Here’s your review of The Green Knight.
Hoo boy. I have no idea how to review this movie. On the one hand, it’s very well produced and filmed beautifully. It’s well-acted and by no means is written in a lazy or stupid manner, in fact, quite the opposite.
This means, on the other hand, it’s a chore to watch and requires some reading from various google searches like “Green Knight movie explained.”
Look, I like an intelligent movie, one that makes you think, but there is this weird line between “intelligent and thought-provoking” and “opaque mindf**k that feels like something you were required to watch in high school.”
Paul Thomas Anderson’s Punch Drunk Love is a great example of something that makes you think, that has layers upon layers of symbolism and yet is easily accessible to your average filmgoer. The Green Knight is not. My wife is a great barometer for this as many times throughout the movie, she was asking:
“NOW what the heck is this?”
When you ask questions about a movie that is clearly a noble attempt and a swing for the fences kind of retelling of a classic story, it’s hard to call it out as “bad” just because you have to prepare for inevitable snobs looking down on you as unintelligent. Don’t misunderstand me, it’s not bad. But it is a bit up its own ass.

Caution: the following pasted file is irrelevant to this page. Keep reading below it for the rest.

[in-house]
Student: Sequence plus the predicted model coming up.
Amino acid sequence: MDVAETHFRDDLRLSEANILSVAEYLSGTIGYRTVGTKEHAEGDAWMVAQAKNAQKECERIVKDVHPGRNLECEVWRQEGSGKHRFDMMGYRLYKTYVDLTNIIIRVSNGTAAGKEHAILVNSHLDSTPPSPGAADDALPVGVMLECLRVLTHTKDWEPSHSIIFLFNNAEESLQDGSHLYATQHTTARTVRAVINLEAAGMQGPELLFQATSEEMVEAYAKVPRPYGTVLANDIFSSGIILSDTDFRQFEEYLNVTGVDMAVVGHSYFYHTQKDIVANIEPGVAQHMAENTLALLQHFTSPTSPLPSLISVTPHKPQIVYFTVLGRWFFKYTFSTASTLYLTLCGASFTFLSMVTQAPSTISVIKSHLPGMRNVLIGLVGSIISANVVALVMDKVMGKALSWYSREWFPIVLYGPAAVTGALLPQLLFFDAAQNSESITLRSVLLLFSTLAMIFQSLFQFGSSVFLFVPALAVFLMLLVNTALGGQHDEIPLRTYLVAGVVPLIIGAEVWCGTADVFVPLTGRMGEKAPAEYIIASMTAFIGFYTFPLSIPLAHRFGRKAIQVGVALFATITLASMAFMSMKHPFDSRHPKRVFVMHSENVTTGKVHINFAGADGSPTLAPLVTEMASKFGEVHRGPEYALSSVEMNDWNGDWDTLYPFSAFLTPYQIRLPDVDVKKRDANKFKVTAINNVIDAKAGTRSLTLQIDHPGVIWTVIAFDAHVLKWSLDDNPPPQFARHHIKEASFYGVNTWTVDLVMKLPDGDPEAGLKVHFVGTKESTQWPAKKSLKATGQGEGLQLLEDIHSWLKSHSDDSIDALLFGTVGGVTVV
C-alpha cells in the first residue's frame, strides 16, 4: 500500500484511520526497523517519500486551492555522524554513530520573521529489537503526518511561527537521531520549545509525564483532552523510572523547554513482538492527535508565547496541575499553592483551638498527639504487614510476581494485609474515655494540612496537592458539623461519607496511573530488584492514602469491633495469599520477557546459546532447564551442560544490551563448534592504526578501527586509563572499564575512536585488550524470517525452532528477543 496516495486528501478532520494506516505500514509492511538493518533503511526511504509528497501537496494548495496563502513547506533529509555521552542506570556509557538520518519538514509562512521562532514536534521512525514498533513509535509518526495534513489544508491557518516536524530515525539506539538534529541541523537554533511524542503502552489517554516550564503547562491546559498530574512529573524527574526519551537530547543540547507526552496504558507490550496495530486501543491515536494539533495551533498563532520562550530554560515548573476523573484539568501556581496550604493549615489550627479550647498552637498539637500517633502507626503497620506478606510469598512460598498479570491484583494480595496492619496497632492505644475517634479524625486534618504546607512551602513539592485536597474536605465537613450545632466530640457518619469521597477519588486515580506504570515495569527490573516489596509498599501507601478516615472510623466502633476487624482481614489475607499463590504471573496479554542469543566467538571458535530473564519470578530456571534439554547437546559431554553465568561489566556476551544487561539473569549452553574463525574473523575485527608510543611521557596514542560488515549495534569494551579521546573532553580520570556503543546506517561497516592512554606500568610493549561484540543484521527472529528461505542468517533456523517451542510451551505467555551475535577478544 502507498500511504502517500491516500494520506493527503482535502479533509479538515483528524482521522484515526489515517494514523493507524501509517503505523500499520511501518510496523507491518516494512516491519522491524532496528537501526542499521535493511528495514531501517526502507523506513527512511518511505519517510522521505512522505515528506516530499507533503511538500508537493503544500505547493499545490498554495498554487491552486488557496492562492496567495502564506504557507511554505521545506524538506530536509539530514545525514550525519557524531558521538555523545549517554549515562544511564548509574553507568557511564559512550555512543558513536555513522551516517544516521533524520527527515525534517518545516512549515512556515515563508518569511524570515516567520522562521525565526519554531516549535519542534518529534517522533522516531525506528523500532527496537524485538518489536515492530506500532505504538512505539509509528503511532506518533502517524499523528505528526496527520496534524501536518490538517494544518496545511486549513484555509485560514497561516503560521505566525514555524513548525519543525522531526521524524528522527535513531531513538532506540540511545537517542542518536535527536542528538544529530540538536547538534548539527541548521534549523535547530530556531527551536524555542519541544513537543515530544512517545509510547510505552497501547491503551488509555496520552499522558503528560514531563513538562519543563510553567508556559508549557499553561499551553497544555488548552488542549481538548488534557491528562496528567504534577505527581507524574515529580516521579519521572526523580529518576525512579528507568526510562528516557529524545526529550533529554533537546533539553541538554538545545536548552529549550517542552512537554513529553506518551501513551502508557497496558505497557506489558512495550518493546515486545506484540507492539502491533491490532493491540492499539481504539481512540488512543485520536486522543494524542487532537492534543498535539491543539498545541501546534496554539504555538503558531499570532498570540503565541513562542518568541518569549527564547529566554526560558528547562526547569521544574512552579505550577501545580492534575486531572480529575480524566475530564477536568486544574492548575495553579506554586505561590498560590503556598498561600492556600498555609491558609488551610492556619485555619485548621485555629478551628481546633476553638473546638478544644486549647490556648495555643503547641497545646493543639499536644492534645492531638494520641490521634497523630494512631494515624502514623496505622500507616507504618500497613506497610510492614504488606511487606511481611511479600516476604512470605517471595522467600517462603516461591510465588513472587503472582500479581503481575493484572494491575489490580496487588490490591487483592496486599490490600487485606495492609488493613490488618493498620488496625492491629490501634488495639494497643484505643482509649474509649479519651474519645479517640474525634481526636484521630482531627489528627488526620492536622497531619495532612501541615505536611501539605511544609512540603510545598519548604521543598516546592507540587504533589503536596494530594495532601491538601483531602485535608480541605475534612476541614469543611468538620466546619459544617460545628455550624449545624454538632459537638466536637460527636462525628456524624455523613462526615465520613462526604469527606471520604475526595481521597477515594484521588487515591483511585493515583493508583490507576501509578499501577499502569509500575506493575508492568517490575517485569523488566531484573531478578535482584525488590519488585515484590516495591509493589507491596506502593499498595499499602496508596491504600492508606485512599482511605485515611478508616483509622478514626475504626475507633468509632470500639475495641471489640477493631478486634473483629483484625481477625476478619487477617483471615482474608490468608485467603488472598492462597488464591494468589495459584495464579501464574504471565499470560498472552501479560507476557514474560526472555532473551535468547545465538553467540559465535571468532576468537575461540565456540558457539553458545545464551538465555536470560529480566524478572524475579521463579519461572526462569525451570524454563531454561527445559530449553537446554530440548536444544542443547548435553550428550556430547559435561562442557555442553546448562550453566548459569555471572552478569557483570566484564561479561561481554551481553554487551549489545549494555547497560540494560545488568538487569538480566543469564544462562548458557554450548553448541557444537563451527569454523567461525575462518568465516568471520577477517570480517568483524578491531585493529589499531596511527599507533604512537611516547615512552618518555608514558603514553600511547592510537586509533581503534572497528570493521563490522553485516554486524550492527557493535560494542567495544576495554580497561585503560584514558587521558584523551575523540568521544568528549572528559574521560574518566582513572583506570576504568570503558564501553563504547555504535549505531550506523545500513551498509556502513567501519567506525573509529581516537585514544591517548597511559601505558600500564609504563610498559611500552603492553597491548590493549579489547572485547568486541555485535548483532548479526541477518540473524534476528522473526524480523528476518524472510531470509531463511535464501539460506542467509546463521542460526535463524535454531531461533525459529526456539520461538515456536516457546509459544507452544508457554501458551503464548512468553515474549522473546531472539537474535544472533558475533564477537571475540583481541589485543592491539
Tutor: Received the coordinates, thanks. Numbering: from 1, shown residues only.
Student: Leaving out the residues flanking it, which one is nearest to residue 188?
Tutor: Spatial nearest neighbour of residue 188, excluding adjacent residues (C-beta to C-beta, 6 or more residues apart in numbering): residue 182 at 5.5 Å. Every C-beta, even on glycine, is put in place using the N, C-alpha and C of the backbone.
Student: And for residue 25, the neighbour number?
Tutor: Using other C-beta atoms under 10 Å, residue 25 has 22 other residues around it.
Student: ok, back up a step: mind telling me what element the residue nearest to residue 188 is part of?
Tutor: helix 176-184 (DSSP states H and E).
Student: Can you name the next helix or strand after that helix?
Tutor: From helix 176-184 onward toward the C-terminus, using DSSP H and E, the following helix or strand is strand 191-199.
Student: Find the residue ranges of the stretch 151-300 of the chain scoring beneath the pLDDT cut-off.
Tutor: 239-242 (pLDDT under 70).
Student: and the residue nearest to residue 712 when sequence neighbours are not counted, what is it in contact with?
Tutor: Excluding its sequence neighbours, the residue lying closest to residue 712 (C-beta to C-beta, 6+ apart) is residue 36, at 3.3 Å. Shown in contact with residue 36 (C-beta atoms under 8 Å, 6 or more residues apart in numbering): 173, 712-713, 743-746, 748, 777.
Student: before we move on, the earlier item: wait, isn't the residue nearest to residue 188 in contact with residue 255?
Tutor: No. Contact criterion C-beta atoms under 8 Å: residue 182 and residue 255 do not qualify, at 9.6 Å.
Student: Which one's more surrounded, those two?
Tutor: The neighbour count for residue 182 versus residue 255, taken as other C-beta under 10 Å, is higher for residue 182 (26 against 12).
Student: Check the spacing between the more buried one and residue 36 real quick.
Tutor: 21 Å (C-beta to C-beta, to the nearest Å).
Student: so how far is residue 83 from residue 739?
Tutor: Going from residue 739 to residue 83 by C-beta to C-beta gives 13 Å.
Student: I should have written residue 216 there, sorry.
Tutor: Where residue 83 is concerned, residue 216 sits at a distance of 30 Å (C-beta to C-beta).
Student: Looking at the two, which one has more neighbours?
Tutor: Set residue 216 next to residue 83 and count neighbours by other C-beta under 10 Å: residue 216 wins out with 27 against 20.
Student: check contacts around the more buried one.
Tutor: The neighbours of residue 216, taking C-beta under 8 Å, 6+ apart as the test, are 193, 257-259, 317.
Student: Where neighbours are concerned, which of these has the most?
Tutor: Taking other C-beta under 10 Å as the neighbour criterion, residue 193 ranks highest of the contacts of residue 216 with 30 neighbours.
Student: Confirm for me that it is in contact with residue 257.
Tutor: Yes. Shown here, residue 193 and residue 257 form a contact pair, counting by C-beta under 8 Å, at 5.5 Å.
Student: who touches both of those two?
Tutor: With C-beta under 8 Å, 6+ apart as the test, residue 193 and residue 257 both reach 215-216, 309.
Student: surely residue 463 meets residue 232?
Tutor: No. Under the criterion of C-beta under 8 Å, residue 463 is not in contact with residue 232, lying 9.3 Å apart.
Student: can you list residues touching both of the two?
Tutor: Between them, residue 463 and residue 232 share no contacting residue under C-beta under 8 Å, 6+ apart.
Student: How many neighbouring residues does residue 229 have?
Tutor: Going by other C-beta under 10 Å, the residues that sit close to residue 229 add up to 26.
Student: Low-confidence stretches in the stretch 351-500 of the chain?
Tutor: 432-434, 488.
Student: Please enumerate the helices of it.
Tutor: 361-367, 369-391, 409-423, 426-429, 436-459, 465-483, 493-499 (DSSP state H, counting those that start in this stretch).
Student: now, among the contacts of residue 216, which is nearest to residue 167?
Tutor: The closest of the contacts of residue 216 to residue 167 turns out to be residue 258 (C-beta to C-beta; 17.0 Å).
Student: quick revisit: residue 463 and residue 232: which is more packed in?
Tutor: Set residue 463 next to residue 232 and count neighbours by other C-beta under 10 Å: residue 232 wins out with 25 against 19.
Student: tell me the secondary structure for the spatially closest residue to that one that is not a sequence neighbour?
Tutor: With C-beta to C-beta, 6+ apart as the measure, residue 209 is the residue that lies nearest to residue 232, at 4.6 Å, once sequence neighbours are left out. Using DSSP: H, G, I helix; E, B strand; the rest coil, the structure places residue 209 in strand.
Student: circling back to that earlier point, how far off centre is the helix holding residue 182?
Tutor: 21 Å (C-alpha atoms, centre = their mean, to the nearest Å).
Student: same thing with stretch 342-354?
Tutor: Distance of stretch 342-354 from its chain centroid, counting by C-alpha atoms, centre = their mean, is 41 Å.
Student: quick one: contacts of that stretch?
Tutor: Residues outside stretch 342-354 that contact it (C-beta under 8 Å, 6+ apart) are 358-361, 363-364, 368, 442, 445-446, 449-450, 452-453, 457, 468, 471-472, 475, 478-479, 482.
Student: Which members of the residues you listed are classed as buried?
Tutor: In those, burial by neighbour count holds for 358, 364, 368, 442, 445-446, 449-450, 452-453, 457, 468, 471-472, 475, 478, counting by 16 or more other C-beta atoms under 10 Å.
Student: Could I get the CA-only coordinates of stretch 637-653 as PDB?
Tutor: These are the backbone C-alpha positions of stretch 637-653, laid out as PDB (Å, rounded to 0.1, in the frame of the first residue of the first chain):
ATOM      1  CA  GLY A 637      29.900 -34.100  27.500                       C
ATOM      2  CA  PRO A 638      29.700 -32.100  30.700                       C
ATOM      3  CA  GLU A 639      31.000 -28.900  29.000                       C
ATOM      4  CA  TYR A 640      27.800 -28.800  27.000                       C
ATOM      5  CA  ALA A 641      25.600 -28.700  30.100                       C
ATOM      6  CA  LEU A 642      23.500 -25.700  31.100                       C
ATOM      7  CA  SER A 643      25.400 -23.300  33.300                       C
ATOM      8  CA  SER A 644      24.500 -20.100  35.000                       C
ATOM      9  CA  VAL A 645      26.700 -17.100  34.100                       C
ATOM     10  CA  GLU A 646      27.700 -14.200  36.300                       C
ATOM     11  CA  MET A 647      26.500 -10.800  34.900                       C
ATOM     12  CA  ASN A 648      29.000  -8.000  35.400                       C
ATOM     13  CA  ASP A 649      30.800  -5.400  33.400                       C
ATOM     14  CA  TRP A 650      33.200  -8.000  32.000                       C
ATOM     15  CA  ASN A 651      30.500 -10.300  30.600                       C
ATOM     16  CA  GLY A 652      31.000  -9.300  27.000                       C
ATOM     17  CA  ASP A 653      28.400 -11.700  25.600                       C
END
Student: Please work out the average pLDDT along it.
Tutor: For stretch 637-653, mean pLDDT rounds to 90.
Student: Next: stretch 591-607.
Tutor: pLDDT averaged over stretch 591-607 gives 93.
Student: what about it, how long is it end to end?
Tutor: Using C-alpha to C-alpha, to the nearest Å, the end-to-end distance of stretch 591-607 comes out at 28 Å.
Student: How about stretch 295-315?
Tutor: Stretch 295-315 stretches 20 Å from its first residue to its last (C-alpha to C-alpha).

Being opaque or making it difficult to understand what’s going on is not a substitute for thought-provoking. I’m sure the more I watched this, I would see things more and more. Quite frankly reading through some interpretations of the movie also helps. And maybe that’s fine, there’s nothing wrong with something being a little more out there than your average movie.
I really admire what the creators were trying to accomplish here and they may have succeeded. But I also don’t like a movie that feels more like work than it should. This is why this makes it difficult to review and score. Is it a bad movie? Absolutely not. Is it an enjoyable movie, is it moving? Well, that’s more where you, the viewer, are going to have to make up your own mind.
I will say that there should’ve been a bit more effort in explaining a bit of the setup. If you only have a passing familiarity with the Arthurian legends as I do, then you might not know who some of these people are supposed to be. Gawain is Arthur’s nephew but his mother is Morgan Le Fey which was not apparent to me at all. That and some of the actors growl their lines making it all the more difficult to understand what they just said.
I would say to give it a go. After a diet of sugary MCU and Star Wars, it’s a good idea to have some healthy vegetables and push yourself intellectually a little bit. But that’s what you’re in for with this movie – work!
You have to pay attention and may find yourself pausing and thinking about the little vignette you just saw. There’s a ton of imagery and ideas going on in The Green Knight. You just have to be in the right frame of mind to uncover them.